Laws vary from state to state, but property tax is often a locally assessed and locally administered tax (by counties)—and in those states there is no state property tax. Property tax brings in the most money of all taxes available to local government to pay for schools, roads, police and firemen, emergency response services, libraries, parks, and other services provided by local government.
Most states offer a variety of partial or total (absolute) exemptions from appraised property values used to determine local property taxes. A partial exemption removes a percentage or a fixed dollar amount of a property's value from taxation. A total (absolute) exemption excludes the entire property from taxation. Taxing units (government entities) may be required by the state to offer certain (mandatory) exemptions and have the option to decide locally on whether or not to offer others (local option).
Exemptions from property tax usually require the taxpayer to apply for the exemption. Applications for property tax exemptions are filed with appraisal districts, and deadlines may vary. Appraisal district chief appraisers are responsible for determining whether a property qualifies for an exemption.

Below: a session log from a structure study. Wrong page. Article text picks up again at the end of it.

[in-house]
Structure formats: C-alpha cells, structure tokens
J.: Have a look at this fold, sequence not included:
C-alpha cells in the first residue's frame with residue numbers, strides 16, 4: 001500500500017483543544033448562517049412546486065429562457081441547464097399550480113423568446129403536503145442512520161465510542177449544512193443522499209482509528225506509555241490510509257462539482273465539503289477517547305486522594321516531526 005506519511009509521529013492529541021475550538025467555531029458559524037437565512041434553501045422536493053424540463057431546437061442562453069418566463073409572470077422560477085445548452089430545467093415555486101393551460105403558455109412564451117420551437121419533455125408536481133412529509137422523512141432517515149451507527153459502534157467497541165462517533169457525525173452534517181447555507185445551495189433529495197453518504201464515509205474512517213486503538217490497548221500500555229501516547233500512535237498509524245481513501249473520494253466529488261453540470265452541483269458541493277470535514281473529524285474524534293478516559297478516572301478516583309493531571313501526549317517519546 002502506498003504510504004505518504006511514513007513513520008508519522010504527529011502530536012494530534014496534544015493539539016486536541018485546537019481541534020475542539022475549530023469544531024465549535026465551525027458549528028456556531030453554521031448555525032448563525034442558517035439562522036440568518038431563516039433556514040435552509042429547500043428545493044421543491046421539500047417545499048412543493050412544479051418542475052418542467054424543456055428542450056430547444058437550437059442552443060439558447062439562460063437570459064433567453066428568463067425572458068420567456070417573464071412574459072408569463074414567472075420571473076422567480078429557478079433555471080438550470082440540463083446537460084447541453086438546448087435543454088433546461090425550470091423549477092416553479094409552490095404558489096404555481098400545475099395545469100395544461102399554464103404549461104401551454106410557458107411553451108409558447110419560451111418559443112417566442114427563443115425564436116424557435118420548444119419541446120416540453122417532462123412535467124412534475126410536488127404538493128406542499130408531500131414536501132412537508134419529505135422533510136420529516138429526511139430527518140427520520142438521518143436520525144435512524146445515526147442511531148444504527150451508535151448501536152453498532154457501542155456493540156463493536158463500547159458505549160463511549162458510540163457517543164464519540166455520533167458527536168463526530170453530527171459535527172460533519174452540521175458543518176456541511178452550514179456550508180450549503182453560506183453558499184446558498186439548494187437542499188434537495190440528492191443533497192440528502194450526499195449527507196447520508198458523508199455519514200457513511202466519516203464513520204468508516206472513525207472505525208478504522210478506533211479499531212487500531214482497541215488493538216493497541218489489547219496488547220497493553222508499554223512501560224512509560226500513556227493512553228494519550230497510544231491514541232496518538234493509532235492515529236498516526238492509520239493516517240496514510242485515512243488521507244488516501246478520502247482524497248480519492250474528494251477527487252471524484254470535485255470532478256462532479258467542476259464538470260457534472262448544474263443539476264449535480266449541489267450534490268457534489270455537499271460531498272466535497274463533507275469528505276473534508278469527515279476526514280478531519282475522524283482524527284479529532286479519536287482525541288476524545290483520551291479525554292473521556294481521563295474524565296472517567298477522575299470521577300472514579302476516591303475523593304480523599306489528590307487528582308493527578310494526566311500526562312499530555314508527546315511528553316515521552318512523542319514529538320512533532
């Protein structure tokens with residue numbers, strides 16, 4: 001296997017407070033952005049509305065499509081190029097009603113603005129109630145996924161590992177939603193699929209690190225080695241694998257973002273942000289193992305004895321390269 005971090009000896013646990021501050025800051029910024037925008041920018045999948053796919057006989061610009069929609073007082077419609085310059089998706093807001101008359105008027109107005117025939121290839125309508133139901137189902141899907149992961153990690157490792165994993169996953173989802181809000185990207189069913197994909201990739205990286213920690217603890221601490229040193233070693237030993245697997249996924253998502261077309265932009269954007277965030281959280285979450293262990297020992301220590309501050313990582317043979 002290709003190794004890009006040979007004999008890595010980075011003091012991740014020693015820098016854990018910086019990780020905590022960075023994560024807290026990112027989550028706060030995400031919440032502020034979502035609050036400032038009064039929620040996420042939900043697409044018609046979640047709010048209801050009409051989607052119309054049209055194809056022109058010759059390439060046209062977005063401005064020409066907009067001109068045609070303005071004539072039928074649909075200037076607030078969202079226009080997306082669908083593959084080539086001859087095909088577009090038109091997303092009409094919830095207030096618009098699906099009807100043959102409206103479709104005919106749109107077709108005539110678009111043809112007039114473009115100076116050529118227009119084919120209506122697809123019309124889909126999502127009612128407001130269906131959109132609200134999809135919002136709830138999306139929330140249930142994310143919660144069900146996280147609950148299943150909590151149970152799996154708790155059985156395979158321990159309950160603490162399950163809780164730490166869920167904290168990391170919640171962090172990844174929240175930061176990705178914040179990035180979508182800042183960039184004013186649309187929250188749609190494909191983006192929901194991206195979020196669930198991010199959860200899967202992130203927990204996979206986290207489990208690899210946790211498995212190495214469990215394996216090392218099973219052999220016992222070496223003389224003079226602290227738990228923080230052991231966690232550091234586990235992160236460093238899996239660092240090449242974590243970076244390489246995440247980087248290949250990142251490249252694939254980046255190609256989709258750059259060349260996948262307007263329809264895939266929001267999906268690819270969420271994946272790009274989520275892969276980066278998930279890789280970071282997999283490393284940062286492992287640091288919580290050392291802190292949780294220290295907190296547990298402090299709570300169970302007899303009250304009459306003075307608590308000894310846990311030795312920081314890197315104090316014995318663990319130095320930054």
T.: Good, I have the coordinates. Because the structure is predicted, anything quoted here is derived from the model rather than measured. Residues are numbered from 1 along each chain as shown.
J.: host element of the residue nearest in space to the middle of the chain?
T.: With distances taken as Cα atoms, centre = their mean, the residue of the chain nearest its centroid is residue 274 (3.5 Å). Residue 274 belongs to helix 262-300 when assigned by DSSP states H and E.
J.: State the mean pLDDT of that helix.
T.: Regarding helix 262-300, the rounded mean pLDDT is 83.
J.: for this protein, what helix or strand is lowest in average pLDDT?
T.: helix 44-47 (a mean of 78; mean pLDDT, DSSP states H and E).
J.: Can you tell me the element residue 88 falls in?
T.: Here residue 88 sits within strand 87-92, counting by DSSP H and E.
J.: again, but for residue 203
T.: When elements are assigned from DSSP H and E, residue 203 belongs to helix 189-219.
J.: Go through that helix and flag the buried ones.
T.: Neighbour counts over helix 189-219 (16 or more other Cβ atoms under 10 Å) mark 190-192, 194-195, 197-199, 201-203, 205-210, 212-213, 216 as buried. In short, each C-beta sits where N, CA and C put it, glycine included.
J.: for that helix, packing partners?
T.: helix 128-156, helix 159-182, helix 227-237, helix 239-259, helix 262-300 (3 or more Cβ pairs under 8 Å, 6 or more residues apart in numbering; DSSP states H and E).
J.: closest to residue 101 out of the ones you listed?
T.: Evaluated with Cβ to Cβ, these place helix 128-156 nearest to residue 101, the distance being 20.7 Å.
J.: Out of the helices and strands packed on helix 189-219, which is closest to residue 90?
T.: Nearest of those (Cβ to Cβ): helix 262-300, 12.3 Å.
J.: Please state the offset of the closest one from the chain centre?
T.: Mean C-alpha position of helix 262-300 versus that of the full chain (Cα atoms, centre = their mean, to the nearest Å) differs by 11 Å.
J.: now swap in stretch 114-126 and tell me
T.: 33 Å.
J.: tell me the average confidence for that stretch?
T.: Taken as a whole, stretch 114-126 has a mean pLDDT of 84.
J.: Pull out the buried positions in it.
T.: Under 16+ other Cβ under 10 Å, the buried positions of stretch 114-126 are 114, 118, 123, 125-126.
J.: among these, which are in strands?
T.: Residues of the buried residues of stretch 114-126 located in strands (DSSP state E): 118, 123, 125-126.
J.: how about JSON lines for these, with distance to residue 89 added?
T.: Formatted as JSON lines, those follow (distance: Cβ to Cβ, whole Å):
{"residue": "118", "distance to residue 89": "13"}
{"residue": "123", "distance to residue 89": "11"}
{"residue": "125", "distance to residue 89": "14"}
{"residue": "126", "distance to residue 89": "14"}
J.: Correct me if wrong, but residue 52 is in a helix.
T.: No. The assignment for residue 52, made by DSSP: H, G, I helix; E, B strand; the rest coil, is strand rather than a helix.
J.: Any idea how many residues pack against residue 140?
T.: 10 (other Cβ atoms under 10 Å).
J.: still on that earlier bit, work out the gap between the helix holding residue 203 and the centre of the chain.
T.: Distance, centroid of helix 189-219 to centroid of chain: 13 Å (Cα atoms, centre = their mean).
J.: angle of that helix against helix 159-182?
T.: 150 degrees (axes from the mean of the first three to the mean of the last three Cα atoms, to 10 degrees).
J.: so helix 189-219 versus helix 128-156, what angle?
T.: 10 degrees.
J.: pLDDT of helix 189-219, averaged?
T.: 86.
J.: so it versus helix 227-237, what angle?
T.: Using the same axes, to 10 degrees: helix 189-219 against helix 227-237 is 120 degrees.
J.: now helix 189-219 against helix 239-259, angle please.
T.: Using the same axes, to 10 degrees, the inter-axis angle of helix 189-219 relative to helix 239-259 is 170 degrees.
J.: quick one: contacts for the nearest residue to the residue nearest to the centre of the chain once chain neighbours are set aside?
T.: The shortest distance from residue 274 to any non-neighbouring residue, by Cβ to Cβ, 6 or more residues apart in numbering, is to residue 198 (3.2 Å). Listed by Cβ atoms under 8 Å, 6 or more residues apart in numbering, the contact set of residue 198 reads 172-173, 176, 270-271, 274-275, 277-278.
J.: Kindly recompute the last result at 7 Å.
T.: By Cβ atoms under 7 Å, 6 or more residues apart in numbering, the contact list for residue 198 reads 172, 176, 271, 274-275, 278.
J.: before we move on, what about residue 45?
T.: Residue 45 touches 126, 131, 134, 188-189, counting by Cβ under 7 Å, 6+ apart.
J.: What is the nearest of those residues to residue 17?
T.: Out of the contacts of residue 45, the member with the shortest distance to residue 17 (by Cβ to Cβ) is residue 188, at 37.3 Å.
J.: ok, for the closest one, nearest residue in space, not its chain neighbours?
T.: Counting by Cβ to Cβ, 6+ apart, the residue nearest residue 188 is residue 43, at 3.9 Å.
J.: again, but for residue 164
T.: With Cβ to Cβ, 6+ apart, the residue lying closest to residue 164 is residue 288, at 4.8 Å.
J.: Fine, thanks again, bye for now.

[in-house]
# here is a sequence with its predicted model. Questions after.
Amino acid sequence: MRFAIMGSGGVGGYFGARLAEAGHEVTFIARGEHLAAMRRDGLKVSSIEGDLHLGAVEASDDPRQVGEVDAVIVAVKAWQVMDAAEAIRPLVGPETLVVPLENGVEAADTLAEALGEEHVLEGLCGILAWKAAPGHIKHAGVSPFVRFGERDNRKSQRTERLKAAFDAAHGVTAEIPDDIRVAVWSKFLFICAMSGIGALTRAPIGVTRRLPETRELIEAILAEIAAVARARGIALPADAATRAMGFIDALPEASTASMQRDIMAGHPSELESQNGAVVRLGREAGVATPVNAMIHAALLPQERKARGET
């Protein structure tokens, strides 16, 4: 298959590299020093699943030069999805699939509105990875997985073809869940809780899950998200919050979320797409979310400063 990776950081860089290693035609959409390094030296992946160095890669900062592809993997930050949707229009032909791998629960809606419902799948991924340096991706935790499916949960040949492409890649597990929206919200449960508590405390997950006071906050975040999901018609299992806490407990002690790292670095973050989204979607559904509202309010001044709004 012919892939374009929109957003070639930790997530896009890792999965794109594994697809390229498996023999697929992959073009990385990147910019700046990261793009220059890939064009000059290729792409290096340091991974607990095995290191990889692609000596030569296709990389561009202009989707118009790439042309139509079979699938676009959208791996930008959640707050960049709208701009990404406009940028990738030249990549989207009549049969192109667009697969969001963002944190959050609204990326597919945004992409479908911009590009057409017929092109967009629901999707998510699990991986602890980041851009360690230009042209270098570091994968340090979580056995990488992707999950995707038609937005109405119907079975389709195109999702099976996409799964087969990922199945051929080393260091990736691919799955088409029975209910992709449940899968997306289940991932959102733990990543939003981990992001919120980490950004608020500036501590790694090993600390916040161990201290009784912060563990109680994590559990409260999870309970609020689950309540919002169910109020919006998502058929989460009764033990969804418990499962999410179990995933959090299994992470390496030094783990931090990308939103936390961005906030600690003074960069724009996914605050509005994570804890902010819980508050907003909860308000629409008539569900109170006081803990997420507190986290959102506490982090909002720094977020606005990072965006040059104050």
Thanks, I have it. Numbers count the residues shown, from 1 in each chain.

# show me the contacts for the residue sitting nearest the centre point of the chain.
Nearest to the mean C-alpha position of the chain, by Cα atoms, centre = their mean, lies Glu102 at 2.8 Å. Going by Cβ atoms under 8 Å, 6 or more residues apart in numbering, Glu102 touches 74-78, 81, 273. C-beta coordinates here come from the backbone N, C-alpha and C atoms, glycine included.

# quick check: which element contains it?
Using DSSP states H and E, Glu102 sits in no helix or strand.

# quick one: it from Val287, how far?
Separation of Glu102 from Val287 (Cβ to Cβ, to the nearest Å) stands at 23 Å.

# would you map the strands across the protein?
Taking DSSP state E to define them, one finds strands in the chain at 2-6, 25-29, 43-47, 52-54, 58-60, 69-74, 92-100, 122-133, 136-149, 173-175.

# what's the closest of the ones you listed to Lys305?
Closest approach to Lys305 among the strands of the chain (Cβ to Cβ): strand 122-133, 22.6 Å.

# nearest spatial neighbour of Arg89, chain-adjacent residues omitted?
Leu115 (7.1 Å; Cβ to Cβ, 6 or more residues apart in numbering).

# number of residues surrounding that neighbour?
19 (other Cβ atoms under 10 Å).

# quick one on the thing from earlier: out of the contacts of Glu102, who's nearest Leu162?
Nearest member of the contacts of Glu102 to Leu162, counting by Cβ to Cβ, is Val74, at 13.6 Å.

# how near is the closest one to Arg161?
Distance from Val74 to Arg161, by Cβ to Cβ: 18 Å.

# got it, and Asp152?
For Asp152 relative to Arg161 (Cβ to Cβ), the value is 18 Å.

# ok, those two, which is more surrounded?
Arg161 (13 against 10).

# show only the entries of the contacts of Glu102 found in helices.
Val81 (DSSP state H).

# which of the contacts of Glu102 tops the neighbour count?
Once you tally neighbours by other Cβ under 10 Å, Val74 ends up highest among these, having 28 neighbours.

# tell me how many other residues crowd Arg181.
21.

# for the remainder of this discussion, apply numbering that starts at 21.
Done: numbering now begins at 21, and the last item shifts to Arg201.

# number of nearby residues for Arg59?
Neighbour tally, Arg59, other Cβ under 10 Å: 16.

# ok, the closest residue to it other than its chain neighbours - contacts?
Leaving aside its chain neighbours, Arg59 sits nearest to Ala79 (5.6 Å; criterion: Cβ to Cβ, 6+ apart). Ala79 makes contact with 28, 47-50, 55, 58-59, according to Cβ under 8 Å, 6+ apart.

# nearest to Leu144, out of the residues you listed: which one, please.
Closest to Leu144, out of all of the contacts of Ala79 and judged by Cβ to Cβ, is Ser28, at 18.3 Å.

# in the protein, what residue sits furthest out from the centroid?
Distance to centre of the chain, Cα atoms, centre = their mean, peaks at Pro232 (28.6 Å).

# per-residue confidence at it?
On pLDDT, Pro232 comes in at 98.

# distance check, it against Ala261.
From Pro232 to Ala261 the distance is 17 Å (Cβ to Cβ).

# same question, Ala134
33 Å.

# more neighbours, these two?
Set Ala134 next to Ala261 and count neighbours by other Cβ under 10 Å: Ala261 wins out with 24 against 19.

Exemptions are usually located in a state’s tax code (statutes) and exemption requirements are often extensive. Property owners should read these statutes carefully.
Common exemptions are for properties that qualify as a residence homestead or are eligible for charitable, religious, or agricultural exemptions, as provided by the state’s tax laws. Disabled persons, senior citizens (age 65 or older), veterans, and surviving spouses of veterans who were killed in action (KIA) are also eligible for exemptions in some states.